I haven't had anything to say about my little garden in awhile, because nothing's been happening.  The season didn't end particularly successfully.  But the raccoons came around tonight (while I was working on my nanowrimo novel, natch), and suddenly I don't hate them anymore.  Maybe it's because there are no more vegetables for me to worry about defending, or maybe it's just that they've put on enough winter weight that they don't look all hollow and pointy-snouted anymore, but they turned cute!

I heard the dreaded baby-dinosaur squawks and went out to see them climbing through the bamboo.  The more curious one got interested and crept towards me in slow motion, exactly the way the cats crawl across the couch—one foot always paused in the air—when they're trying to sneak into my lap without me noticing.  I went inside for my phone to take a pic, and when I opened the door again, the friendly one was right there sniffing, but jogged away.  Then they both went and sat in my mostly-empty vegetable beds and dug up some dirt while watching me over their shoulders.  It's like I live out in the country or something.  My phone camera doesn't have a flash, so this is all I came up with:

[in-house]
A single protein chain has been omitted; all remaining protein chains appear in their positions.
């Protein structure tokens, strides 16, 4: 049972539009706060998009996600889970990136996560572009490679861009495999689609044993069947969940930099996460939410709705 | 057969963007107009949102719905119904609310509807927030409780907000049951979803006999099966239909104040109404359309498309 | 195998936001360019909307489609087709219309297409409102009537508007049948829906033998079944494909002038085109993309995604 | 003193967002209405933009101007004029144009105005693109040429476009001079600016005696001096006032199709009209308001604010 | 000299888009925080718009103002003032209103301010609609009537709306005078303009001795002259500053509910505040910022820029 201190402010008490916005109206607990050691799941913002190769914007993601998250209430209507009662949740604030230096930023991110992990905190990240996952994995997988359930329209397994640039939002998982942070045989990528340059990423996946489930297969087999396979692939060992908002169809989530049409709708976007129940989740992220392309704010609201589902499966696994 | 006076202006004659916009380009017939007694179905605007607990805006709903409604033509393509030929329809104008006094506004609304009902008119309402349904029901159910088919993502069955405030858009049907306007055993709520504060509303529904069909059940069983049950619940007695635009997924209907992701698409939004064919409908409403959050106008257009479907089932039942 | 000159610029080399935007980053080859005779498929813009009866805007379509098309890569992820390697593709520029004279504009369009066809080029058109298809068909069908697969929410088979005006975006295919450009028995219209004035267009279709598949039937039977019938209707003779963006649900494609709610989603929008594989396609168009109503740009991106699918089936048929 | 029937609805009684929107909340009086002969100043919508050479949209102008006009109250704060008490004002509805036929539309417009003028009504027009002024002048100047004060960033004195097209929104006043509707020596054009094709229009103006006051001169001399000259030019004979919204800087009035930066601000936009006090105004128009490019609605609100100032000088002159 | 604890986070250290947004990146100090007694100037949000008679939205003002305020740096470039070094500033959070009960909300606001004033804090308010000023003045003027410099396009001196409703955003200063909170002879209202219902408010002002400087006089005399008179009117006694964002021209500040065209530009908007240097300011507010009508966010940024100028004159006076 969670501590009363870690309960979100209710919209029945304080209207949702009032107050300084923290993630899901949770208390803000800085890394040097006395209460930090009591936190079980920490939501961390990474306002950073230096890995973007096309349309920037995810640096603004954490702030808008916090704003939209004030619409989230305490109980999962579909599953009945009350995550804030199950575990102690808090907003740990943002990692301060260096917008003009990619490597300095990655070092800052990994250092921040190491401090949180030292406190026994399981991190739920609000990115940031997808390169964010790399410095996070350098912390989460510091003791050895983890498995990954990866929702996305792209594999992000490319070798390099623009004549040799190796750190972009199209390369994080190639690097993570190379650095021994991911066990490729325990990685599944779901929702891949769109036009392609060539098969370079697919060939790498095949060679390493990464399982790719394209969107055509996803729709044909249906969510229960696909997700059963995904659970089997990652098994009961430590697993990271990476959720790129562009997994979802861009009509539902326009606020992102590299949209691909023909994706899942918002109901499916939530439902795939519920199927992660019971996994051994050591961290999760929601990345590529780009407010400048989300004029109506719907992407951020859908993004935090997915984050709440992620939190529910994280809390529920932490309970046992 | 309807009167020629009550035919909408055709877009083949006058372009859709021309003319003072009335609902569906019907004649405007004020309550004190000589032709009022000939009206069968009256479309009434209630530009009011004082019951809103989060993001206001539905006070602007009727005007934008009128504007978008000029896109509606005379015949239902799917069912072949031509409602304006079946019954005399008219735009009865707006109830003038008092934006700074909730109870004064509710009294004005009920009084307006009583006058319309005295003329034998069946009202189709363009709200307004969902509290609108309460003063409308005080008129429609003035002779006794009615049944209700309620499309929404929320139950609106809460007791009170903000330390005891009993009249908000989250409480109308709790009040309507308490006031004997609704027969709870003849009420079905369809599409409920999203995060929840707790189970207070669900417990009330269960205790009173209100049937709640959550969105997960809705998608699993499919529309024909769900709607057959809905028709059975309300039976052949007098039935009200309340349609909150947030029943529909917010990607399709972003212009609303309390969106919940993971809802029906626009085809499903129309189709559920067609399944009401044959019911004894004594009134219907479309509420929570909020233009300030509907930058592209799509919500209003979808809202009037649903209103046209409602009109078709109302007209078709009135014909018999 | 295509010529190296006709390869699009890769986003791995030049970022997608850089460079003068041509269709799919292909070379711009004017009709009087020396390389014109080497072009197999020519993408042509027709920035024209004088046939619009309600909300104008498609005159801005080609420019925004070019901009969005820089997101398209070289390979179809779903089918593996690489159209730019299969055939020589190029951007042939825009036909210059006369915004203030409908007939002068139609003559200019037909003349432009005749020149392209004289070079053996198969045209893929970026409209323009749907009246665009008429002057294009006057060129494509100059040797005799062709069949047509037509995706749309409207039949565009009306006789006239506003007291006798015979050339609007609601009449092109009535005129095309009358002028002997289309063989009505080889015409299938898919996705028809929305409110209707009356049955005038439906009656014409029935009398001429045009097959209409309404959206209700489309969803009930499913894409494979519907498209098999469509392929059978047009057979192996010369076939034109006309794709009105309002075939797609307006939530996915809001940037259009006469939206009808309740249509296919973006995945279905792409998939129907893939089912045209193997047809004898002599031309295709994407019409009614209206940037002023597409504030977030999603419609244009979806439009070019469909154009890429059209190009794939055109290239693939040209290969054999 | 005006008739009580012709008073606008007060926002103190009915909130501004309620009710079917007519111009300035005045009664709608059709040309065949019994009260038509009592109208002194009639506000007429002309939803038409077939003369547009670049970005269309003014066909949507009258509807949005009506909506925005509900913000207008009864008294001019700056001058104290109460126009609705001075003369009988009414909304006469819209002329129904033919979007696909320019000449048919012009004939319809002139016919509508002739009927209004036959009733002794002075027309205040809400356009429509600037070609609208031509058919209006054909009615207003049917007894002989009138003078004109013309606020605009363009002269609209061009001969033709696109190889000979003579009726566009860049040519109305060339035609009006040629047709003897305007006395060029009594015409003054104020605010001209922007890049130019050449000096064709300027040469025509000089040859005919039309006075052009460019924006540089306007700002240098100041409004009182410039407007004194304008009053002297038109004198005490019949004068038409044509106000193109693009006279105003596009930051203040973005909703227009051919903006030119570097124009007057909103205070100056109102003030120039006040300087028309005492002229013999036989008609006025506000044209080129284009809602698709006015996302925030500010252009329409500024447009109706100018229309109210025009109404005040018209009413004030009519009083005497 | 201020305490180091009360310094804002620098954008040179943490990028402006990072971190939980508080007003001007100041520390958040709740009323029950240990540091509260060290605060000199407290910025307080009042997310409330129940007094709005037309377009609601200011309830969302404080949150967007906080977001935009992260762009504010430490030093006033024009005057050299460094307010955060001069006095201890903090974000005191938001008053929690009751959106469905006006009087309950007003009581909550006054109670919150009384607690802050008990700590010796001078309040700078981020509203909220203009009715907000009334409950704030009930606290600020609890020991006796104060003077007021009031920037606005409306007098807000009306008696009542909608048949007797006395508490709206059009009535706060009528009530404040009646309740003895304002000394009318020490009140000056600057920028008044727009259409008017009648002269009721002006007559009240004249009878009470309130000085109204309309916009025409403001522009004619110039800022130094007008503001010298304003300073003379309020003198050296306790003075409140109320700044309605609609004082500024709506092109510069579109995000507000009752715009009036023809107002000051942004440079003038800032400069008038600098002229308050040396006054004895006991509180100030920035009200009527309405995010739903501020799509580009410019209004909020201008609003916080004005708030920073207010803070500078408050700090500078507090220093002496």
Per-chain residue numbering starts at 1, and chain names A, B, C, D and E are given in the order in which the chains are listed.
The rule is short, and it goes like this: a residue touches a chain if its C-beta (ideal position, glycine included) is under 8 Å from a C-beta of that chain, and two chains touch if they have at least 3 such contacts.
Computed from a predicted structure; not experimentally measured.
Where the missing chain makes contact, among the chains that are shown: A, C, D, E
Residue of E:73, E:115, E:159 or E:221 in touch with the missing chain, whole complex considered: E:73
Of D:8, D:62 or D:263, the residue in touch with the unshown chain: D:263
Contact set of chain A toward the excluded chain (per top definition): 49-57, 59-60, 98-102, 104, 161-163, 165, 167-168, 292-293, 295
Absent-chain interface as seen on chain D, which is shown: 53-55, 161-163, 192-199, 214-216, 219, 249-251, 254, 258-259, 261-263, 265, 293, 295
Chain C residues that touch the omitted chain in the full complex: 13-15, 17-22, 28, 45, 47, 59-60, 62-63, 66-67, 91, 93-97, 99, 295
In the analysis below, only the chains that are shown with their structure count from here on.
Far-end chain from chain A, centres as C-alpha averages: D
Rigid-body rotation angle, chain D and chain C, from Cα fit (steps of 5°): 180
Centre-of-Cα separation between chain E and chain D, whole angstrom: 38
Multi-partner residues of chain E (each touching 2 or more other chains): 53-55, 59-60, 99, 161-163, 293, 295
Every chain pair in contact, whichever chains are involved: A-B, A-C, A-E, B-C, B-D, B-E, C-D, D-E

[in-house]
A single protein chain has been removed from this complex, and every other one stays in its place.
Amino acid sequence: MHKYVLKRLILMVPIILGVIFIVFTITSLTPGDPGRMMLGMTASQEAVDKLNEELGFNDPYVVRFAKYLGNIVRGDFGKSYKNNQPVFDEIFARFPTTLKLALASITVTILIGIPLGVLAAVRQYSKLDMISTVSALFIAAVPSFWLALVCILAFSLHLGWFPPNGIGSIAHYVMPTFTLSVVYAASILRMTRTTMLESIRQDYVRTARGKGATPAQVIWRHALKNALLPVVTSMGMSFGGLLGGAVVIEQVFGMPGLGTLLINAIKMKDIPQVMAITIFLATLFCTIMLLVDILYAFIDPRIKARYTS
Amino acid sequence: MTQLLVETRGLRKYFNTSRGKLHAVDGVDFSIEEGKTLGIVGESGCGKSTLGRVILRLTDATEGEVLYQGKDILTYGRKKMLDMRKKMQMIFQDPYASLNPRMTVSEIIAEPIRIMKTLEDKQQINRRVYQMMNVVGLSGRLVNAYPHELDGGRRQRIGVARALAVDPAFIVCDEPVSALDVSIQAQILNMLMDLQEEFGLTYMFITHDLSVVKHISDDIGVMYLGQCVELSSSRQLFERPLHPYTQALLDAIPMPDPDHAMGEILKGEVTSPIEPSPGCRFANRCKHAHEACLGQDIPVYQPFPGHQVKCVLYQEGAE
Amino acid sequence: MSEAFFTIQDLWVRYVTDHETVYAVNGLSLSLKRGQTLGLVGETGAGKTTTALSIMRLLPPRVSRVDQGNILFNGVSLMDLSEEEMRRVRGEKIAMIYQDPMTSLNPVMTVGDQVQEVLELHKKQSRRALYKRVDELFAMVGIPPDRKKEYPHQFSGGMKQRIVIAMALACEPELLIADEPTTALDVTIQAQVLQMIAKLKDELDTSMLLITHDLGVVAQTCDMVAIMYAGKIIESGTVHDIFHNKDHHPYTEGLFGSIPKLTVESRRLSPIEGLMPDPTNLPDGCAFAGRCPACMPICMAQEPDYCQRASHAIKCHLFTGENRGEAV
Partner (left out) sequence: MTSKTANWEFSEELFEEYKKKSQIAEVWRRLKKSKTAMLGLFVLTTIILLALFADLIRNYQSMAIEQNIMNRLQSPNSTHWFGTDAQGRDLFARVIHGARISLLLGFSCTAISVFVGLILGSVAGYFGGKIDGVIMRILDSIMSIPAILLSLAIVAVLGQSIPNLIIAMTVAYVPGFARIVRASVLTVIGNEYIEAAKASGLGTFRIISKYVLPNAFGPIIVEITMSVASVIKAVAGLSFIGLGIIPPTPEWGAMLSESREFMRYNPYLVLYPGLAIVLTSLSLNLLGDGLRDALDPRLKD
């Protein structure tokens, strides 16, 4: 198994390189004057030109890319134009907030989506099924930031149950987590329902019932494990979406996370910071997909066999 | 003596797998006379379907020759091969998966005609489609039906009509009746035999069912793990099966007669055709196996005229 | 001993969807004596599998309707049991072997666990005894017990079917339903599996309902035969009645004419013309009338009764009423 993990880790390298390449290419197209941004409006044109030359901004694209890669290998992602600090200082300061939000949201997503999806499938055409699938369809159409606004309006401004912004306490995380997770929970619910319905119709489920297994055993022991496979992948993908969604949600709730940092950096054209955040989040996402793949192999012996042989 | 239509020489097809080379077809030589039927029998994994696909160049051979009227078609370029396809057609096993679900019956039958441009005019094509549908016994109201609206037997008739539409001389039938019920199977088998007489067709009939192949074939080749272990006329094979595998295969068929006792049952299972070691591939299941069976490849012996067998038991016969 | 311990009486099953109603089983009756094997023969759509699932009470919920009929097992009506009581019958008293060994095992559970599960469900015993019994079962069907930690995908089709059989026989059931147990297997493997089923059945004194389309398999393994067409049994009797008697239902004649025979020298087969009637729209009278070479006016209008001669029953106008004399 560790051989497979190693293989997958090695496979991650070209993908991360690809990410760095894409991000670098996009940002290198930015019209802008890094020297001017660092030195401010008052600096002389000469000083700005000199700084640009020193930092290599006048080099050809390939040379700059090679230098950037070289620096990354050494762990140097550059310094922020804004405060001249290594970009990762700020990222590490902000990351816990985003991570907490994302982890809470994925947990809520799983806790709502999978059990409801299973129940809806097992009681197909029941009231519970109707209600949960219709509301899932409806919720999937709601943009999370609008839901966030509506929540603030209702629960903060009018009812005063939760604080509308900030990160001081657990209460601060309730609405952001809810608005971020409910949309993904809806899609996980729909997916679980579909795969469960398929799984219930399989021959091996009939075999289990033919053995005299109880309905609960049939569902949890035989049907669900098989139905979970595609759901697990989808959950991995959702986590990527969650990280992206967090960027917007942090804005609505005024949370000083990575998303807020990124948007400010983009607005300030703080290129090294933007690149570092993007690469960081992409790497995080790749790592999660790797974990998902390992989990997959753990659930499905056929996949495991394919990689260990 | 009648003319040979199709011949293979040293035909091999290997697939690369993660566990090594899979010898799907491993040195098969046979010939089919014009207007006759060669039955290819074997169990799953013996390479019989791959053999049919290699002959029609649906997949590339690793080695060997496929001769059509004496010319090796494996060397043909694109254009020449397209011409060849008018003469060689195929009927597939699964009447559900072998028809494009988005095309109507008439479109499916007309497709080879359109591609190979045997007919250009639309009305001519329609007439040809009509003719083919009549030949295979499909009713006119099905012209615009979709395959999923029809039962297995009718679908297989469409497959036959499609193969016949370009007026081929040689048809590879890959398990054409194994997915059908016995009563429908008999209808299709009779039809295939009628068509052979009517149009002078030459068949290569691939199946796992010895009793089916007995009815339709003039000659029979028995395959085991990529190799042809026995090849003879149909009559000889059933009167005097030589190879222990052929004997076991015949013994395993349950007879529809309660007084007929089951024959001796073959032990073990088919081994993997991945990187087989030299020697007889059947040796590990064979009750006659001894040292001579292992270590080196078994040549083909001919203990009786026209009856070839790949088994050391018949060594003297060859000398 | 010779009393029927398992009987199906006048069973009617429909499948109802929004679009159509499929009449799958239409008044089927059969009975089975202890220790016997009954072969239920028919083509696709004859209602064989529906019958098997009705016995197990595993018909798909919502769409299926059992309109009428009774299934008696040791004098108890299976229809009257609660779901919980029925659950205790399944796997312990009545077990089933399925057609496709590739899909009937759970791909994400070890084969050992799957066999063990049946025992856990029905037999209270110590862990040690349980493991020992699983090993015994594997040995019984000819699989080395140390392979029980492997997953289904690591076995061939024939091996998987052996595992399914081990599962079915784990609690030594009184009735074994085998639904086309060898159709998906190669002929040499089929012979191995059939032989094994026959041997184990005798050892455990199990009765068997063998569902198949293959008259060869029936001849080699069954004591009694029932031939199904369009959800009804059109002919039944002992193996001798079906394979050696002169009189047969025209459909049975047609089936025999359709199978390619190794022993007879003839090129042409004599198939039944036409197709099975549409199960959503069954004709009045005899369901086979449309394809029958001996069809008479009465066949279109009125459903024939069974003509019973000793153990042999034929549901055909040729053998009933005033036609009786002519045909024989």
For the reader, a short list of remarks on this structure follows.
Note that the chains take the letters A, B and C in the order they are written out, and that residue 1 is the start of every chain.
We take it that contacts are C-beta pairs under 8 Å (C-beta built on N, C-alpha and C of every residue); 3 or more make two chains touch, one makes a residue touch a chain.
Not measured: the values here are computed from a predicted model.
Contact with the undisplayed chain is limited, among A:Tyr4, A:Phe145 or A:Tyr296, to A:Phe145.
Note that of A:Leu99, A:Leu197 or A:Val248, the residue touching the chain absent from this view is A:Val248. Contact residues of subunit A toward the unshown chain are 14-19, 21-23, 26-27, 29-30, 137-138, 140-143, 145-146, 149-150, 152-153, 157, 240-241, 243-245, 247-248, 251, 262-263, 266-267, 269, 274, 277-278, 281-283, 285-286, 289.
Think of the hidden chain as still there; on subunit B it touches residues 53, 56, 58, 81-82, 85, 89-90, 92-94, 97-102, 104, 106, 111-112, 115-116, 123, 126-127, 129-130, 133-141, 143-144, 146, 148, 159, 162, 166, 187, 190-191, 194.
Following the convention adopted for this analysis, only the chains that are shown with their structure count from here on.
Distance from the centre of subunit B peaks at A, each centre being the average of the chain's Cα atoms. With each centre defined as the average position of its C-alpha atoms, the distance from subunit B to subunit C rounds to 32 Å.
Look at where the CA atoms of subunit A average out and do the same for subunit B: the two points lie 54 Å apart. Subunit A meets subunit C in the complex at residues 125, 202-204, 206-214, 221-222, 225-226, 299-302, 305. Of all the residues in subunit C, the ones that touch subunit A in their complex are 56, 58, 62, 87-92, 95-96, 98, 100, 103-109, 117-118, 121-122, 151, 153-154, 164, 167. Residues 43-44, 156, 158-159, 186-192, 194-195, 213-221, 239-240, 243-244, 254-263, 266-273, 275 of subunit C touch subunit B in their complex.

Sunday, November 1, 2009

National Novel Writing Month

You guys, I just joined NaNoWriMo! I don't know why, except that all the YA author bloggers keep talking about it and the pressure got to me.  Now I either have to write 50,000 words in the next 30 days (just 1667 per day!), lie to the internet, or be totally humiliated.  Since my current average daily output is zero words, I'm going to have to change my entire lifestyle—and fast!  Also, since my alien hybrid trilogy didn't pan out, I don't even have a plot, so this really should work out well...   Off to the coffee shop with my laptop then, like the pros!

p.s.  Here's what I read this week:
Charles and Emma: The Darwins’ Leap of Faith, Deborah Heiligman
Skim, Mariko Tamaki and Jillian Tamaki
Memoirs of a Teenage Amnesiac, Gabrielle Zevin
After Tupac and D Foster, Jacqueline Woodson

Week's YA total:4
YTD total: 73